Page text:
This spring, Circassian activists made use of this platform by asking the Georgian parliament to officially recognize the Circassian genocide. If Georgia did, in fact, decide to make such a move, it would put Russia in a difficult position: holding its Olympics in a land of a genocide newly recognized by a UN member state. It could become a thorn in Russia’s side in the same way that the recognition of the Armenian genocide has been a source of great irritation to Turkey.

 

It should perhaps be mentioned apropos that although the recent trends in relation to the Circassian question have been primarily negative in Russia, there were some positive steps towards a proper recognition in the 1990s. The word “genocide,” for example, was used by the parliaments of the Russian regions Kabardino-Balkaria (in 1992) and Adygeya (in 1996). In 1994, [President Boris] Yeltsin himself made conciliatory statements to Russian Circassians. So there are clear precedents Moscow could use if it decides to change policy.

 

There are however, a number of obstacles that lie in the way of such a change. The first thing to note is that the Circassian world has never tried to compromise with Russia. In simple terms, the Circassian demand can be expressed in the following: “Russia, you killed and exiled us, admit it!”

 

From the Russian point of view, there is also the issue of reparations, which recognition of the Circassian genocide would undoubtedly raise. Still nursing a hangover from crisis punch, Russians are not encouraged by the case of Germany, which has been paying for the Jewish Holocaust for decades. It would be a disaster for Russia if after the recognition of the Circassian genocide similar demands from Cossacks, Tatars, Poles, and others would follow. After all, the history of building the Russian empire and the Soviet state is so full of such atrocities – committed against many different ethnic groups (including against the Russian people themselves) – that contemporary Russian leaders would not be able to pay everybody back even if they were willing.

 

So where is the potential for moving things forward? Clearly much depends on establishing a consensus between Russia and the Circassian world. But there are also simple matters that would be beneficial to both sides.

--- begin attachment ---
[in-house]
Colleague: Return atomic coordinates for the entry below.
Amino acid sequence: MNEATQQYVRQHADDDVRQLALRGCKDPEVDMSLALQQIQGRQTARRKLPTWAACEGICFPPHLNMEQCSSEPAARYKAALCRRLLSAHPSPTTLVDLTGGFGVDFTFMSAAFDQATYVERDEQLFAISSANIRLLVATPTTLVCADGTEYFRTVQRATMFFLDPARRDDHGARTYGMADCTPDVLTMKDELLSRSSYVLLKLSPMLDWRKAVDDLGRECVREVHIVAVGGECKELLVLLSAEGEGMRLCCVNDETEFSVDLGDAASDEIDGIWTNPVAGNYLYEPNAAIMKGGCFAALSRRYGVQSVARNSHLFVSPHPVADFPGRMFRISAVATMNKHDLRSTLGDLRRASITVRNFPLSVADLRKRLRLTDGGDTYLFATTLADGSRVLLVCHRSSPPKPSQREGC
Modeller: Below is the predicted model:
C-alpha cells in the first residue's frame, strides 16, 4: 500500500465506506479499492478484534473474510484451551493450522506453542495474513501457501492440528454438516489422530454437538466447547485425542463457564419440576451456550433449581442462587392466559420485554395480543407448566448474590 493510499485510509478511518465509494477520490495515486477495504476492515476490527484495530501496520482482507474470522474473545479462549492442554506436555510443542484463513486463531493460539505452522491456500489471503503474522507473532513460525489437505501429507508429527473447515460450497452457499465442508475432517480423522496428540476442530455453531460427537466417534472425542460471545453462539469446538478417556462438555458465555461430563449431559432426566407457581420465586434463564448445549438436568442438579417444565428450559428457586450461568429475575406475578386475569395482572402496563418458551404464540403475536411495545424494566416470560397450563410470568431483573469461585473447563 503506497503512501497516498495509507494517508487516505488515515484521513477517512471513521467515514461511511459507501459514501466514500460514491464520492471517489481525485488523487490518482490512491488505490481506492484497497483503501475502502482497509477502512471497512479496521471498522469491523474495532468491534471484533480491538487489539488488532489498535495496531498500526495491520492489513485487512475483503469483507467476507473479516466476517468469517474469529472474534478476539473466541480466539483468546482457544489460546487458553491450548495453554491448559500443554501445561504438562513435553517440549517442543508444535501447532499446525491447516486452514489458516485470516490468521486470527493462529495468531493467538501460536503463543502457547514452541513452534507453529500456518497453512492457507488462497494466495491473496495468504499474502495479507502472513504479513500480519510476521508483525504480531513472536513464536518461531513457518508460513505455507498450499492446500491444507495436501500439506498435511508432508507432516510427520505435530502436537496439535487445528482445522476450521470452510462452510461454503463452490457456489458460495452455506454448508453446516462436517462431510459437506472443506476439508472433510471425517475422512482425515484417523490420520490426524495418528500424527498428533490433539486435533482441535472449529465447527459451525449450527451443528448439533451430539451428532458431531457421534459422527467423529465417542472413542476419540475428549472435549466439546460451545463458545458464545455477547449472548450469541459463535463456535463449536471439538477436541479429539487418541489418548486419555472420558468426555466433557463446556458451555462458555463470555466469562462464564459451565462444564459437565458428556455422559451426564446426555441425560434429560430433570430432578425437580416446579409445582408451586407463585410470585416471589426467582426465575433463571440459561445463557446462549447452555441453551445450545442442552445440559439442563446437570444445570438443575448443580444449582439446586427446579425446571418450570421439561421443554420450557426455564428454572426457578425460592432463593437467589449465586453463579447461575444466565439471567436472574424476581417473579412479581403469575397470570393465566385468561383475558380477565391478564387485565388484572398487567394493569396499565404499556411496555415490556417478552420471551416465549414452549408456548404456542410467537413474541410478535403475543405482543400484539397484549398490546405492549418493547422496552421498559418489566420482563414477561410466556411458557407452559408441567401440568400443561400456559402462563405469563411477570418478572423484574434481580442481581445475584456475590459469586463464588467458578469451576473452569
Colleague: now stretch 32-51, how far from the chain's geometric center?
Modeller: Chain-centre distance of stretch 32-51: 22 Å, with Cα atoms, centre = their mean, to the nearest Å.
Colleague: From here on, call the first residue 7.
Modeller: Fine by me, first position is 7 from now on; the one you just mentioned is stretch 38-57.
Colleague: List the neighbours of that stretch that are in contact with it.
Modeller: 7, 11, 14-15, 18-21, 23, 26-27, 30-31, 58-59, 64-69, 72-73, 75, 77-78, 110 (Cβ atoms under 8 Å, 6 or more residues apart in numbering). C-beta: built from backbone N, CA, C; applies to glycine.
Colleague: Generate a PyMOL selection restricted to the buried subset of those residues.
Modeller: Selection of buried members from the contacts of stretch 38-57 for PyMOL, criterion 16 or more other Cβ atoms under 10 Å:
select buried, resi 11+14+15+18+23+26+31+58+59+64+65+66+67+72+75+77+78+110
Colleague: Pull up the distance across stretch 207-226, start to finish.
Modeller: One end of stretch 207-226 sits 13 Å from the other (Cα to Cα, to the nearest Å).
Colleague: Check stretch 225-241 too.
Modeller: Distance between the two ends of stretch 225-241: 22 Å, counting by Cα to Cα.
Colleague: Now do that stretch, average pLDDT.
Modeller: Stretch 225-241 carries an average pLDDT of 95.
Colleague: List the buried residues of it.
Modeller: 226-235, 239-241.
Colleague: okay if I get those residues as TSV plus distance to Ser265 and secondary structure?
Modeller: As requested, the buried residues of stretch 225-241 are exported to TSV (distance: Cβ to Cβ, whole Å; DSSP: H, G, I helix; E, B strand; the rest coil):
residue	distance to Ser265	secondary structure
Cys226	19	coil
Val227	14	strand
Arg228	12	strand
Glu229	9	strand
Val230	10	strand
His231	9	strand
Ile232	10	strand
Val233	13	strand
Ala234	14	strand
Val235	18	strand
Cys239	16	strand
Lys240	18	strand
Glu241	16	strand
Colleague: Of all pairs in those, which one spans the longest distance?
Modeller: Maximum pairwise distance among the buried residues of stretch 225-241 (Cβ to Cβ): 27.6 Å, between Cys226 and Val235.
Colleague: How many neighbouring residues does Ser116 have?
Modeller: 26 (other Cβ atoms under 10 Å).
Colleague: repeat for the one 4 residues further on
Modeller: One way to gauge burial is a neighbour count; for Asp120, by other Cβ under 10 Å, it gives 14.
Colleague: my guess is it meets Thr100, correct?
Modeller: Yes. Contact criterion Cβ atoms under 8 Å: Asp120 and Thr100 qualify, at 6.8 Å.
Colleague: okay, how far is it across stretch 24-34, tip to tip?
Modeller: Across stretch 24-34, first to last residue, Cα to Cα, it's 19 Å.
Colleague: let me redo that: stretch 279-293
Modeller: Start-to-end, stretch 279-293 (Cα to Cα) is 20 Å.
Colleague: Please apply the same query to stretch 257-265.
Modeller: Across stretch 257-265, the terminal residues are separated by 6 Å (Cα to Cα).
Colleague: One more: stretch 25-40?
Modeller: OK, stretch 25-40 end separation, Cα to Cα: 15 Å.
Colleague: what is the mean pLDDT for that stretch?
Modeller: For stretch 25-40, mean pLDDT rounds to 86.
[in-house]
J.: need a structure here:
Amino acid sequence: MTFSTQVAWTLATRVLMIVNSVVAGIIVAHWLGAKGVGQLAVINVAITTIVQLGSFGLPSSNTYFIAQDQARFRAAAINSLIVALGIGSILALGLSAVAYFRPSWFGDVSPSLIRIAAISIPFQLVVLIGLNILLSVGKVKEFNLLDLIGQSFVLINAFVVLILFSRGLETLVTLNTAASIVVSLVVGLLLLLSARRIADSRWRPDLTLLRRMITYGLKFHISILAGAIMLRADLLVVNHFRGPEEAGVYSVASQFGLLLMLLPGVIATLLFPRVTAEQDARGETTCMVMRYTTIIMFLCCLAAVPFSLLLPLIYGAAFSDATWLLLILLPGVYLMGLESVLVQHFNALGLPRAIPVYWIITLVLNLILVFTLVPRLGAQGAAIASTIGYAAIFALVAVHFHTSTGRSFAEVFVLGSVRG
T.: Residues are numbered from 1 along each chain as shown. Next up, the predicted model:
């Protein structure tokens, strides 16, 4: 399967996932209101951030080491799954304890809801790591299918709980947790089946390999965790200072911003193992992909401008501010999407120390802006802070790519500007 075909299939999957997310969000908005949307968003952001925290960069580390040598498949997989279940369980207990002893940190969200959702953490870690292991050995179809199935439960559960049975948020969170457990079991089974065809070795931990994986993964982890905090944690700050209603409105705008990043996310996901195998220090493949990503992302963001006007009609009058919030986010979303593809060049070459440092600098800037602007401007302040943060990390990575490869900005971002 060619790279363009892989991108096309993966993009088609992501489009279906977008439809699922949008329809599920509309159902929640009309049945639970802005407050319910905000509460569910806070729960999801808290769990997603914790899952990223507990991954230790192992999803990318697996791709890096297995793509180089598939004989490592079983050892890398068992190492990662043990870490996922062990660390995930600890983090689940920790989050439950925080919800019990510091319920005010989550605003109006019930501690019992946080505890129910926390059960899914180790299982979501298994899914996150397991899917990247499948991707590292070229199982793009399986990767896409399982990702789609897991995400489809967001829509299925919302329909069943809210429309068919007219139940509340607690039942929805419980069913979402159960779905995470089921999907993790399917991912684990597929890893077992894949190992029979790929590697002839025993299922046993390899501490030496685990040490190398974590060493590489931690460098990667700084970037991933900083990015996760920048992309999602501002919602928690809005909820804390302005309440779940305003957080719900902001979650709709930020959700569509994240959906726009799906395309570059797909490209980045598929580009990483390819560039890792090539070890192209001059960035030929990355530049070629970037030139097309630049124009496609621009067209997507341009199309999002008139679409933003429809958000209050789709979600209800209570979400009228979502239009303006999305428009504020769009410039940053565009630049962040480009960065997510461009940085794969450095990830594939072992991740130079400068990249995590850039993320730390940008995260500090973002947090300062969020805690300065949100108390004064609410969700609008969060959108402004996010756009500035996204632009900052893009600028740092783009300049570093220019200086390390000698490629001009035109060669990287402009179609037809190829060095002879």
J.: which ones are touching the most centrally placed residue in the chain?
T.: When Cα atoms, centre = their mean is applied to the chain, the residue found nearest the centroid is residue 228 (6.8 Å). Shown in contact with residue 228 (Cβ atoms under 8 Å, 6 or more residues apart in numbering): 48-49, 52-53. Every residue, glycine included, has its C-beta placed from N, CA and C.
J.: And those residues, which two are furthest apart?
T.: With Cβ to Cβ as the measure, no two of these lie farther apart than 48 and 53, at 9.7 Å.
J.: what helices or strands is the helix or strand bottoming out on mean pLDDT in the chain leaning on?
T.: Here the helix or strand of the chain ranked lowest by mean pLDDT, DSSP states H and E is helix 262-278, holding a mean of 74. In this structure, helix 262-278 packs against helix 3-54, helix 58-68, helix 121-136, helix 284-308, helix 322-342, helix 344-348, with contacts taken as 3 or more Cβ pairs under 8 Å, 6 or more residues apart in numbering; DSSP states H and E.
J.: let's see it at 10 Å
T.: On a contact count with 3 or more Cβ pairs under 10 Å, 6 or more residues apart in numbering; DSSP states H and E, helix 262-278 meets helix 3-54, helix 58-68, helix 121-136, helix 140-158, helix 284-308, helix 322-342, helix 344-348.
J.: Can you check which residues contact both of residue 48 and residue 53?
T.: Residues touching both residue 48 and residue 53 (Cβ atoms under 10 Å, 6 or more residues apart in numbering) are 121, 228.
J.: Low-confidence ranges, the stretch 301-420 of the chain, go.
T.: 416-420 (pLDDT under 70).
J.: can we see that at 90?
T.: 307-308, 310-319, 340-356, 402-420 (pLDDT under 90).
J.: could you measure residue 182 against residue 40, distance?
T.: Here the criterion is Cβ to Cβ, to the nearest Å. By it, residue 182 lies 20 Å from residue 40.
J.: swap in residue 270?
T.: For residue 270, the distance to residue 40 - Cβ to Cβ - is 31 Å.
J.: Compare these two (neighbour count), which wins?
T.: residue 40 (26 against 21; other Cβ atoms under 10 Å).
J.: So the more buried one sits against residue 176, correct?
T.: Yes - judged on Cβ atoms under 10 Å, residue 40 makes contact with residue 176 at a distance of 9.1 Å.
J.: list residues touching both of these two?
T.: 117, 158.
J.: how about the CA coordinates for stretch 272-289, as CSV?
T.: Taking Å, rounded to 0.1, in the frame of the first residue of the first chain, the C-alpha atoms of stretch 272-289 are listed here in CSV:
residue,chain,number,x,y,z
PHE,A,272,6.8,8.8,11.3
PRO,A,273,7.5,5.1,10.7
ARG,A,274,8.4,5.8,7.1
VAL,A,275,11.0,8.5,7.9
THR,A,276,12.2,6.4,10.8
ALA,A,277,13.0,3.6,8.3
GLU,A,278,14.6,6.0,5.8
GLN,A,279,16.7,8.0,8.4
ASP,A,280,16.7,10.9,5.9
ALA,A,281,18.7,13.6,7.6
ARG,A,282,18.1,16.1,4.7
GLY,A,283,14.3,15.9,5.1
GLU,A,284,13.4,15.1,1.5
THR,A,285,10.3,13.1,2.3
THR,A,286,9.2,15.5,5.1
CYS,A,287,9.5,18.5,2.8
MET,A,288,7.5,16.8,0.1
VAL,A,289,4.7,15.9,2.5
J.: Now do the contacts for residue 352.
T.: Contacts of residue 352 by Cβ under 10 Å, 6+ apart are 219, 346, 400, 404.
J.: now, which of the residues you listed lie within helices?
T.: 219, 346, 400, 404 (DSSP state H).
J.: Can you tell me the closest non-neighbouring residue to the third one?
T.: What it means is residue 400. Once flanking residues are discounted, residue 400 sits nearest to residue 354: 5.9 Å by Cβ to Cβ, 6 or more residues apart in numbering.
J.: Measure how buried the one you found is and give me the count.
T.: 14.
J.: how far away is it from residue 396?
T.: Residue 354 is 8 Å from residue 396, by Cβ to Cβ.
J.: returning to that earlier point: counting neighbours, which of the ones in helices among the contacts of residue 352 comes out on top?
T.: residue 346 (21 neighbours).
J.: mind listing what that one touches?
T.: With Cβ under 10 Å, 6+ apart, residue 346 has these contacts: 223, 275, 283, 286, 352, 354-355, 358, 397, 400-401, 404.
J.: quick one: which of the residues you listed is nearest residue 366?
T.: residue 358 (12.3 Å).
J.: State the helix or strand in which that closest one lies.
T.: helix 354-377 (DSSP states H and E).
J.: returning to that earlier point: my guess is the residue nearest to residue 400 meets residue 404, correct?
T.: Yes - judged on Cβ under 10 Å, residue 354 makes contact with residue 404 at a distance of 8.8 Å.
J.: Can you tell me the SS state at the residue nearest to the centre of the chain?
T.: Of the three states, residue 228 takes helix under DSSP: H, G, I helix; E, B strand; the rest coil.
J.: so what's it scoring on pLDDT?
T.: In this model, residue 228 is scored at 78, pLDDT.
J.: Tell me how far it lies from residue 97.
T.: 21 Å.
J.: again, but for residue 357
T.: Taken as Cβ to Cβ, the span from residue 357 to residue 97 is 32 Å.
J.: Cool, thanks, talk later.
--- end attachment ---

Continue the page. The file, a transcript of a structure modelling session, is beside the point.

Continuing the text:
First, I would argue that the Circassian side should remove Russian economic fears by renouncing any claims on pecuniary compensation. Second, all grievances should be dealt with in the form of an official document, taking the form of a social contract. This should address the two main Circassian issues aside from the recognition of genocide, i.e. repatriation and unification. I think there should be a law and state program to repatriate the Circassian diaspora to their homeland. And I think the Circassian regions should be merged into a unified Circassian Republic within the Russian Federation.

 

With long-standing problems resolved thanks to good will from both sides, one can only imagine the stabilizing impact such a united Circassian Republic would have on the south of Russia. In such a scenario, the occasion of Sochi 2014 could be moved from one that attracts negative, tense, and sad emotions to a beautiful celebration of a new Russia, leading the way with a humane resolution to a long-lasting problem. 

Sufian Zhemukhov is deputy director of the Kabardino-Balkar Institute of Humanitarian Research in Nalchik.

 

This article was published on 4 June on openDemocracy.net under a Creative Commons license. 

 

Map sources: Home page, courtesy of the University of Texas Libraries, The University of Texas at Austin; Circassian World